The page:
Section 1115 Medicaid waivers allow states to explore new options for providing health coverage to persons who would otherwise not be eligible and allow states to examine innovative ways to deliver care by waiving certain requirements of the Medicaid Act.
While waivers can be important tools that can help states respond to the needs of low-income individuals, they also present concerns for health advocates working to protect the rights of Medicaid enrollees and promote transparency in state waiver processes.
Sec. 1115 of the Social Security Act allows the Secretary of Health and Human Services to waive some requirements of the Medicaid Act so that states can test novel approaches to improving medical assistance for low-income people.
Under the current administration, several states are seeking waivers to impose harmful cuts and restrictions. The first set of harmful waivers have been approved for Kentucky and Arkansas, with a number of states seeking to enact similar changes to Medicaid. Learn more about Medicaid waivers and how the National Health Law Program is combating the Trump administration’s illegal use of waivers to weaken Medicaid.
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- August 13, 2019
NHeLP comments on proposed rulemaking for Section 1557 – Nondiscrimination in Health and Health Education Programs or Activities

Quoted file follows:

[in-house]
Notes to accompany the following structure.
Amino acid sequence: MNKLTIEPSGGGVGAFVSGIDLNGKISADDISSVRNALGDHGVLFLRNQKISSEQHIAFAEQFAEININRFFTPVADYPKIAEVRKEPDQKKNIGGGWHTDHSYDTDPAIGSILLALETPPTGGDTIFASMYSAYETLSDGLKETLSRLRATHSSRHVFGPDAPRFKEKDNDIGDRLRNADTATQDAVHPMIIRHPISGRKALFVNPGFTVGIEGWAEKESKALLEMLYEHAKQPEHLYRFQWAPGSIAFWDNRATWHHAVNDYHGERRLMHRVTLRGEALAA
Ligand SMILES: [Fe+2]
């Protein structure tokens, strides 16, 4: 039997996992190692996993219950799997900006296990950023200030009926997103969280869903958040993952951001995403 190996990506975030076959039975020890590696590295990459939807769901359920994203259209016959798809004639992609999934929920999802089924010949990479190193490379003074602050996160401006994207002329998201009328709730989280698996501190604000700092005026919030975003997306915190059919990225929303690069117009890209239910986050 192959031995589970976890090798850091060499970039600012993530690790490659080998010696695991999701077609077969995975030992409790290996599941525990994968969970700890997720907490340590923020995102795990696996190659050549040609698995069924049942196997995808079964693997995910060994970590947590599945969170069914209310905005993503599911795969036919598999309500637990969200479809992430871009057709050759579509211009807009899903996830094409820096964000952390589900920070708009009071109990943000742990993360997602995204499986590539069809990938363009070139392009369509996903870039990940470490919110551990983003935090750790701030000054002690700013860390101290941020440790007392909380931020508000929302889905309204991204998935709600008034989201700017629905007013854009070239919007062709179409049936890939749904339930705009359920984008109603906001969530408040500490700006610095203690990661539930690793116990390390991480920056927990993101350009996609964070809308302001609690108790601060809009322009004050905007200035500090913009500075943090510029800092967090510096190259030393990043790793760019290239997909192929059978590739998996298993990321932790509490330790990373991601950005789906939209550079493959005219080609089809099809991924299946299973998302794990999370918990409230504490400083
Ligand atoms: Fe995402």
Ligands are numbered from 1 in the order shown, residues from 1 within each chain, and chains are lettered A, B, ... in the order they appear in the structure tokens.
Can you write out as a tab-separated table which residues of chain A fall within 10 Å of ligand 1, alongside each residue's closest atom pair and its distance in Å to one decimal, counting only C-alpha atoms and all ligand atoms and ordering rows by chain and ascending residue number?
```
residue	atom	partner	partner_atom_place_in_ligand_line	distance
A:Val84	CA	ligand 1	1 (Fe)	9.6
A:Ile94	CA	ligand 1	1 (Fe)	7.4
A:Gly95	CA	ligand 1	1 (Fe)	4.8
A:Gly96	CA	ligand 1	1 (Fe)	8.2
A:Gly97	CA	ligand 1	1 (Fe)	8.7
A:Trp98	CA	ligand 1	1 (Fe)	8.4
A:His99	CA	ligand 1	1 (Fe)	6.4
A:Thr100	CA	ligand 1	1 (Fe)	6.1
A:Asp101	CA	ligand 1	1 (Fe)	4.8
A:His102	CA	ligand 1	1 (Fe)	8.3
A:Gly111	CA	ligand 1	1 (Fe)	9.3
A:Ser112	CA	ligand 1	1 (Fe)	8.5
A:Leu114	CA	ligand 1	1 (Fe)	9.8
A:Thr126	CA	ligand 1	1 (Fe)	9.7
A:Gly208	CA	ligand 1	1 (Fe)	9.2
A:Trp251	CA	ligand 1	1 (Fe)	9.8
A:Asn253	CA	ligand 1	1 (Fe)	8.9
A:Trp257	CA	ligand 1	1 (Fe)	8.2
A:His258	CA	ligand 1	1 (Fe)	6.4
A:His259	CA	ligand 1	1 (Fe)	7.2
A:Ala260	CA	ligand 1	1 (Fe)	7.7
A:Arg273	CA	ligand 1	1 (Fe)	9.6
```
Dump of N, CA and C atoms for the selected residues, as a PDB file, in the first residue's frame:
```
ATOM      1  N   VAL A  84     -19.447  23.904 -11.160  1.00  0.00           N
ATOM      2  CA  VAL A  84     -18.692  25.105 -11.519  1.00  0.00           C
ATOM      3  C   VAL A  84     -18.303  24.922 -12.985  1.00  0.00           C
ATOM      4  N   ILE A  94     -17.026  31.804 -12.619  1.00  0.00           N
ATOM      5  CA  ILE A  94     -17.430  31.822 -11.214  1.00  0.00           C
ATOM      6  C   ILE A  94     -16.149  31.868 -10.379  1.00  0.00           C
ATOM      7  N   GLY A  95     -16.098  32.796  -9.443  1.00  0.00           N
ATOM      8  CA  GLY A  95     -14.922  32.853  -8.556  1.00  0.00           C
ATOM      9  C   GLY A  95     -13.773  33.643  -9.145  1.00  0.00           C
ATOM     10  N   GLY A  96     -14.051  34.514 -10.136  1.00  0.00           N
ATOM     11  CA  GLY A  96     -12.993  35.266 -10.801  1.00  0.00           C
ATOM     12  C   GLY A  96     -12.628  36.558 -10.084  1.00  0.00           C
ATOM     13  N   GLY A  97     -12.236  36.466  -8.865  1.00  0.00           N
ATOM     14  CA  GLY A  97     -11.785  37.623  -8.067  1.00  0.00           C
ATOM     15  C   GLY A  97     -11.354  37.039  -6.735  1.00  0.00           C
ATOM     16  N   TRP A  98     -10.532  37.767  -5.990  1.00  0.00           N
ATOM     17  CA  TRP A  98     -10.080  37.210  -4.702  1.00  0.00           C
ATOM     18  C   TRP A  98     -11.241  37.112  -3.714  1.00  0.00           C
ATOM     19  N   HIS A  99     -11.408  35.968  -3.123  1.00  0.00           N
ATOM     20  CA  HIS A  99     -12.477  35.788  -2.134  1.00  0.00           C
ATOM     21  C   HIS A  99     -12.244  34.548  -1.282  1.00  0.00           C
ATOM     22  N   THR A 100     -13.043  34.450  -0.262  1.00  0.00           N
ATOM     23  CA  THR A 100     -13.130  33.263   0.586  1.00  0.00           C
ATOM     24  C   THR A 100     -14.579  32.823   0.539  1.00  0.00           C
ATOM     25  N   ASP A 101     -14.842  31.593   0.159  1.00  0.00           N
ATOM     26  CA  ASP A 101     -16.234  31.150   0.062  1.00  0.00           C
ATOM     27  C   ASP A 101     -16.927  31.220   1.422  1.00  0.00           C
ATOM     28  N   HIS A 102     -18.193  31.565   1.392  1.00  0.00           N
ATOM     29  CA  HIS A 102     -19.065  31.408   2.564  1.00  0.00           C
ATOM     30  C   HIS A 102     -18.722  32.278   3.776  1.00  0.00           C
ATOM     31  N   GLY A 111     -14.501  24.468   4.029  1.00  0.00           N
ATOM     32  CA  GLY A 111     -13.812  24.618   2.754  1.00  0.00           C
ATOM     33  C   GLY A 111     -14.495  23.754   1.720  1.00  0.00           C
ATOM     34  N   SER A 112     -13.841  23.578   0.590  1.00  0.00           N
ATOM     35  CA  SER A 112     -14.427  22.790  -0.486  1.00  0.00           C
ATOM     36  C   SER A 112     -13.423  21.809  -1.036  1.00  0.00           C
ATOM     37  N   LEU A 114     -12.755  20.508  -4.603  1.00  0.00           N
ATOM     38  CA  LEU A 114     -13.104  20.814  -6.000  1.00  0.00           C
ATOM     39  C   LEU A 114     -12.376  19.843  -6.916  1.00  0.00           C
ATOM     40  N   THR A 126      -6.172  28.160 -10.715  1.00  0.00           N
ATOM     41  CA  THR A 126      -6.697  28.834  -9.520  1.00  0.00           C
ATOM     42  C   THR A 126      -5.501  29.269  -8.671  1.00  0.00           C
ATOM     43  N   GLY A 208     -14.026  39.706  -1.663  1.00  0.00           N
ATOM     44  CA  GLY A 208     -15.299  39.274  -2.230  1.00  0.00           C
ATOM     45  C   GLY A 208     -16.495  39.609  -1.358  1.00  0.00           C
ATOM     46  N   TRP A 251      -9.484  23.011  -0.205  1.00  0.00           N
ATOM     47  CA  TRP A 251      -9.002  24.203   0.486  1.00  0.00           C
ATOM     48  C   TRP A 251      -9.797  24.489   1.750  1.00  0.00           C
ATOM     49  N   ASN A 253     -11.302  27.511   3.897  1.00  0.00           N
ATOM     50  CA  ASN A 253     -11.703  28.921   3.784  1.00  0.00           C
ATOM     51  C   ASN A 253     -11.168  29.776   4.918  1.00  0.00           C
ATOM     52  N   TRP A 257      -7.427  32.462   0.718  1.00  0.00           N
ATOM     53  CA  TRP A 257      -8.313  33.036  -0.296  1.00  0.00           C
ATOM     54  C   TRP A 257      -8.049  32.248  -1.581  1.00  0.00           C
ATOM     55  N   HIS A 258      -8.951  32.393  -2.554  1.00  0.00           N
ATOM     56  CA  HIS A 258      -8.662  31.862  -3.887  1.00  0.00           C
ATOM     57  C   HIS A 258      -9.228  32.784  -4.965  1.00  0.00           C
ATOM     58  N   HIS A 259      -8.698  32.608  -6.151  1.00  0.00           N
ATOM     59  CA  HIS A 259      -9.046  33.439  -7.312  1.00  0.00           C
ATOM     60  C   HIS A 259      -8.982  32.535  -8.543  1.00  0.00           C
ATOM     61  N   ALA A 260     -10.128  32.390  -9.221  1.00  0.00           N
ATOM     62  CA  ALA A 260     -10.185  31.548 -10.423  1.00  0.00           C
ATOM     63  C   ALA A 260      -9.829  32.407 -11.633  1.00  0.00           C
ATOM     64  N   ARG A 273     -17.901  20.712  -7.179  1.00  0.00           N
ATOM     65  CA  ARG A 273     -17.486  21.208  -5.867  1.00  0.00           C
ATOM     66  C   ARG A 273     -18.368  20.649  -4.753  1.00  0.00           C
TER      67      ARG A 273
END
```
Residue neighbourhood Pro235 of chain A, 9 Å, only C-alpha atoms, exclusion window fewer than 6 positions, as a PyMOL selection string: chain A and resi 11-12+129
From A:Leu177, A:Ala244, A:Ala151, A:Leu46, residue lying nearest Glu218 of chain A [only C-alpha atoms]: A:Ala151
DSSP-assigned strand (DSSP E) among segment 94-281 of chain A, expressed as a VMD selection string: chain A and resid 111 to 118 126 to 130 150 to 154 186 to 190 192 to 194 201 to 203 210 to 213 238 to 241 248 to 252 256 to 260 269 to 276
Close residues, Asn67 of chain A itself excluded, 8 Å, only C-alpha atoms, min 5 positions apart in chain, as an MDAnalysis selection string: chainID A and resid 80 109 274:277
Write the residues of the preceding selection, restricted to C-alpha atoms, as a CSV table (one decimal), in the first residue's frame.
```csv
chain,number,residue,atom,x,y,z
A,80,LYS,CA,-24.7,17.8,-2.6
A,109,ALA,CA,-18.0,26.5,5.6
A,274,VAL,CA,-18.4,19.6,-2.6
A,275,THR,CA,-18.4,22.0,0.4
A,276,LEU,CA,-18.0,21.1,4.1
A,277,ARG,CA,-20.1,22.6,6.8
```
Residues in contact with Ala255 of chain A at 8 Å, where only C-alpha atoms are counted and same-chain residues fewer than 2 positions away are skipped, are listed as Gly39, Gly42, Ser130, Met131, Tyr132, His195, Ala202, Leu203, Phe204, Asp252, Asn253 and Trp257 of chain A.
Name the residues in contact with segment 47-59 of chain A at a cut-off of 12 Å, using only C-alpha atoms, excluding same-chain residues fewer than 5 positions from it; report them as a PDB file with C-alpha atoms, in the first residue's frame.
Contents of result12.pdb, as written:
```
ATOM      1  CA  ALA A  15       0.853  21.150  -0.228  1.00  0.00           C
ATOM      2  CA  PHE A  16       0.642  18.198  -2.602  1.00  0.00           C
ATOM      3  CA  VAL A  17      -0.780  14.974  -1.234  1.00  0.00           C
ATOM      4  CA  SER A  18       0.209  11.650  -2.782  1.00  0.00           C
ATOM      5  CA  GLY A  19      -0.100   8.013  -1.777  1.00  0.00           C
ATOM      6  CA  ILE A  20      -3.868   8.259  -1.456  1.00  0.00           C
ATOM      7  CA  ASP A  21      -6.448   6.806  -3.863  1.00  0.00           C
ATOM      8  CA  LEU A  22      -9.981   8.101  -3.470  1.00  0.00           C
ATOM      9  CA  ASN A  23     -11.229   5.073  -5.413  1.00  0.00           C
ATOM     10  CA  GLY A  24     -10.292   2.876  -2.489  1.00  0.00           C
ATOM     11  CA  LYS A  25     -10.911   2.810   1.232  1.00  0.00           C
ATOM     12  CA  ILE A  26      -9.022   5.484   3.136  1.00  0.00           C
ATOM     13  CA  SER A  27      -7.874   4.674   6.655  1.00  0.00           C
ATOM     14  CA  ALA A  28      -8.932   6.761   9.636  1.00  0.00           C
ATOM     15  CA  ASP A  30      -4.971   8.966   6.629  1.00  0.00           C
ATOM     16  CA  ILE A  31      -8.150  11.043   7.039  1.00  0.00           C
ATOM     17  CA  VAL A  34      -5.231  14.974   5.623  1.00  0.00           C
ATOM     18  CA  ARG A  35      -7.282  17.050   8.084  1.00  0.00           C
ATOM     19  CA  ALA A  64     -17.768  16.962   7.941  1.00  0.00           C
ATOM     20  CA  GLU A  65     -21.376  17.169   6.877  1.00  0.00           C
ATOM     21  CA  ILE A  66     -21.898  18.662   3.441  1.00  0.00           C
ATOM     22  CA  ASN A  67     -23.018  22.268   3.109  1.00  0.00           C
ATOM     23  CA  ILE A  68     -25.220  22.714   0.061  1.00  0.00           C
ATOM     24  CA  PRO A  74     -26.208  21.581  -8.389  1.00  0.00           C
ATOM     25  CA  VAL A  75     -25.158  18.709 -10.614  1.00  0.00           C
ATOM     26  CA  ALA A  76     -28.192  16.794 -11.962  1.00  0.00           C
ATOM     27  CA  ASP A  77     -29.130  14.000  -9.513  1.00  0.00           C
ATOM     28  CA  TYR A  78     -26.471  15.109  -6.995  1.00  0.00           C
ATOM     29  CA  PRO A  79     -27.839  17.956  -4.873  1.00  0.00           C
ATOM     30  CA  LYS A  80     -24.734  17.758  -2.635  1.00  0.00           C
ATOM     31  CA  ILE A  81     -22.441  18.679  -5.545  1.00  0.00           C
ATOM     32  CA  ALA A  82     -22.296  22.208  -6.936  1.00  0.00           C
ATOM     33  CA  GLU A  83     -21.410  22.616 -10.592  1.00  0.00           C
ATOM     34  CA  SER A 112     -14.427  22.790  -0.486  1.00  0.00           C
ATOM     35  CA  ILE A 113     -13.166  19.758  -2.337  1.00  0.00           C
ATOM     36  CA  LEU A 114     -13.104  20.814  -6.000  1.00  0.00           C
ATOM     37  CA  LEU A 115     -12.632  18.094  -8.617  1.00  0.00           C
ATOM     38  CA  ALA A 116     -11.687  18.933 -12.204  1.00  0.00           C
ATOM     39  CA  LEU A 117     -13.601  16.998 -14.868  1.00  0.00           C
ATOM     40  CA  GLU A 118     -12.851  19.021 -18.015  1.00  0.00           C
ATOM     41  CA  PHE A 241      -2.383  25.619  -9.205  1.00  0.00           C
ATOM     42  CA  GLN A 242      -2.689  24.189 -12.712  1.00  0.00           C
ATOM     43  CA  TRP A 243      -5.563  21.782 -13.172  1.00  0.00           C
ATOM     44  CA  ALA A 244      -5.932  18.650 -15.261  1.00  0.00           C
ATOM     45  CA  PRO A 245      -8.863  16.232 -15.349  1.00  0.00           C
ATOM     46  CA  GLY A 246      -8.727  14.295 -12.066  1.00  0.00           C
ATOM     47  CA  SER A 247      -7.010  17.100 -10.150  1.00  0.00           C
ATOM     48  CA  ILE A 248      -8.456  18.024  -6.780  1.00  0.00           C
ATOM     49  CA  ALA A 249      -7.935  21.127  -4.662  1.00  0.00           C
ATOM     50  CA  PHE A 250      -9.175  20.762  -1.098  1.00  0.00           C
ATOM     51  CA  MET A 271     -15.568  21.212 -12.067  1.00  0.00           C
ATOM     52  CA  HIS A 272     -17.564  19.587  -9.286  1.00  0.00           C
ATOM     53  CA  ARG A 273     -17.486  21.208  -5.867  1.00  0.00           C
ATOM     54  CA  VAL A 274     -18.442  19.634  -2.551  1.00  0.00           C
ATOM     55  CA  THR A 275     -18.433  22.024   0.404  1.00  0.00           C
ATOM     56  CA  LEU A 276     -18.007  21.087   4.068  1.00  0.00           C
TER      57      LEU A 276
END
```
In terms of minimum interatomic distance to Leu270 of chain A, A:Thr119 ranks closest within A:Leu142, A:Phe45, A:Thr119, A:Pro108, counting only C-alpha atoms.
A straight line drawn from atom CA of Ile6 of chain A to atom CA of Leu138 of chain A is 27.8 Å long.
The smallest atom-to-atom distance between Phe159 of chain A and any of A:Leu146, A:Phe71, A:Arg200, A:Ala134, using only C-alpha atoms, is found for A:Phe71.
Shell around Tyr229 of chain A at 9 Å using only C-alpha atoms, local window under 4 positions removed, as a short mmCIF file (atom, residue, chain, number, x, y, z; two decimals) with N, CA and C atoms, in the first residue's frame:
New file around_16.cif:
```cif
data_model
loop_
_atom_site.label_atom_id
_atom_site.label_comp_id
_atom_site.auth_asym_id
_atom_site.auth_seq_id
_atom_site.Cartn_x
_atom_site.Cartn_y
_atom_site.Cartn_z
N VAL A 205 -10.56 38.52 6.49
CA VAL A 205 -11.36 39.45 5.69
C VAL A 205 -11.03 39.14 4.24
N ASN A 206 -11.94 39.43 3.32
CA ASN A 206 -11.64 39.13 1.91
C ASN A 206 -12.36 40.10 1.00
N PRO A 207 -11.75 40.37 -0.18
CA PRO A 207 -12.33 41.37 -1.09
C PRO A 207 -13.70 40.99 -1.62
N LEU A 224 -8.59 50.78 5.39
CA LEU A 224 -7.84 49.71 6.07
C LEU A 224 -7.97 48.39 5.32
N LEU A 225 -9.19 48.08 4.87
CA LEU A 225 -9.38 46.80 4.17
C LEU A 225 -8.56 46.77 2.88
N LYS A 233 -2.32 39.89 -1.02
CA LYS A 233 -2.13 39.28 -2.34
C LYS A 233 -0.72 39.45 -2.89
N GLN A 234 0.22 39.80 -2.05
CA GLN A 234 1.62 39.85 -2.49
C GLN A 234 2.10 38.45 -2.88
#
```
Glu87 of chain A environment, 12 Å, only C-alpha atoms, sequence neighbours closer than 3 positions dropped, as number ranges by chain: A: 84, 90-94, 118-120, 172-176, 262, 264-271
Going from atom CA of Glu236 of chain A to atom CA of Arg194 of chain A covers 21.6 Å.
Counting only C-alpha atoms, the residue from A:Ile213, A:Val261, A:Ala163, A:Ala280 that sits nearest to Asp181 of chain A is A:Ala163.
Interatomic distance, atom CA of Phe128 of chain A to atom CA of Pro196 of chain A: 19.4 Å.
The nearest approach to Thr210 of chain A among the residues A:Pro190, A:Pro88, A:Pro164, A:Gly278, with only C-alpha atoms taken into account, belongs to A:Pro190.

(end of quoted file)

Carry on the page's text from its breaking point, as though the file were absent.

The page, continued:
Section 1557 of the Affordable Care Act provides important protections against discrimination in health care programs and activities based on race, color, immigration status, language proficiency, sex, sex stereotypes, gender identity, age, or disability. However, the Trump administration is seeking to rollback regulations that help implement the law. In comments submitted to the U.S. Department of Health and Human Services, NHeLP urges the administration to withdraw the proposed rule and uphold strong nondiscrimination protections and enforcement.The proposed rule would eliminate the current regulatory protections against discrimination based on gender identity and sex stereotyping. It would also block patients from obtaining critical health care information by no longer requiring non-English "taglines" telling patients that information is available in languages other than English, and increase the stigma and shame surrounding reproductive care (including abortion). Section 1557 and the 2016 implementing regulations prohibit health insurance companies from discriminating through marketing practices and benefit design. However, the proposed rule seeks to exempt most health insurance plans from Section 1557’s nondiscrimination protections. In addition, it eliminates the regulation prohibiting discriminatory benefit design and marketing. Eliminating these regulatory provisions may make it harder for people who experience discrimination to enforce their rights through administrative and judicial complaints.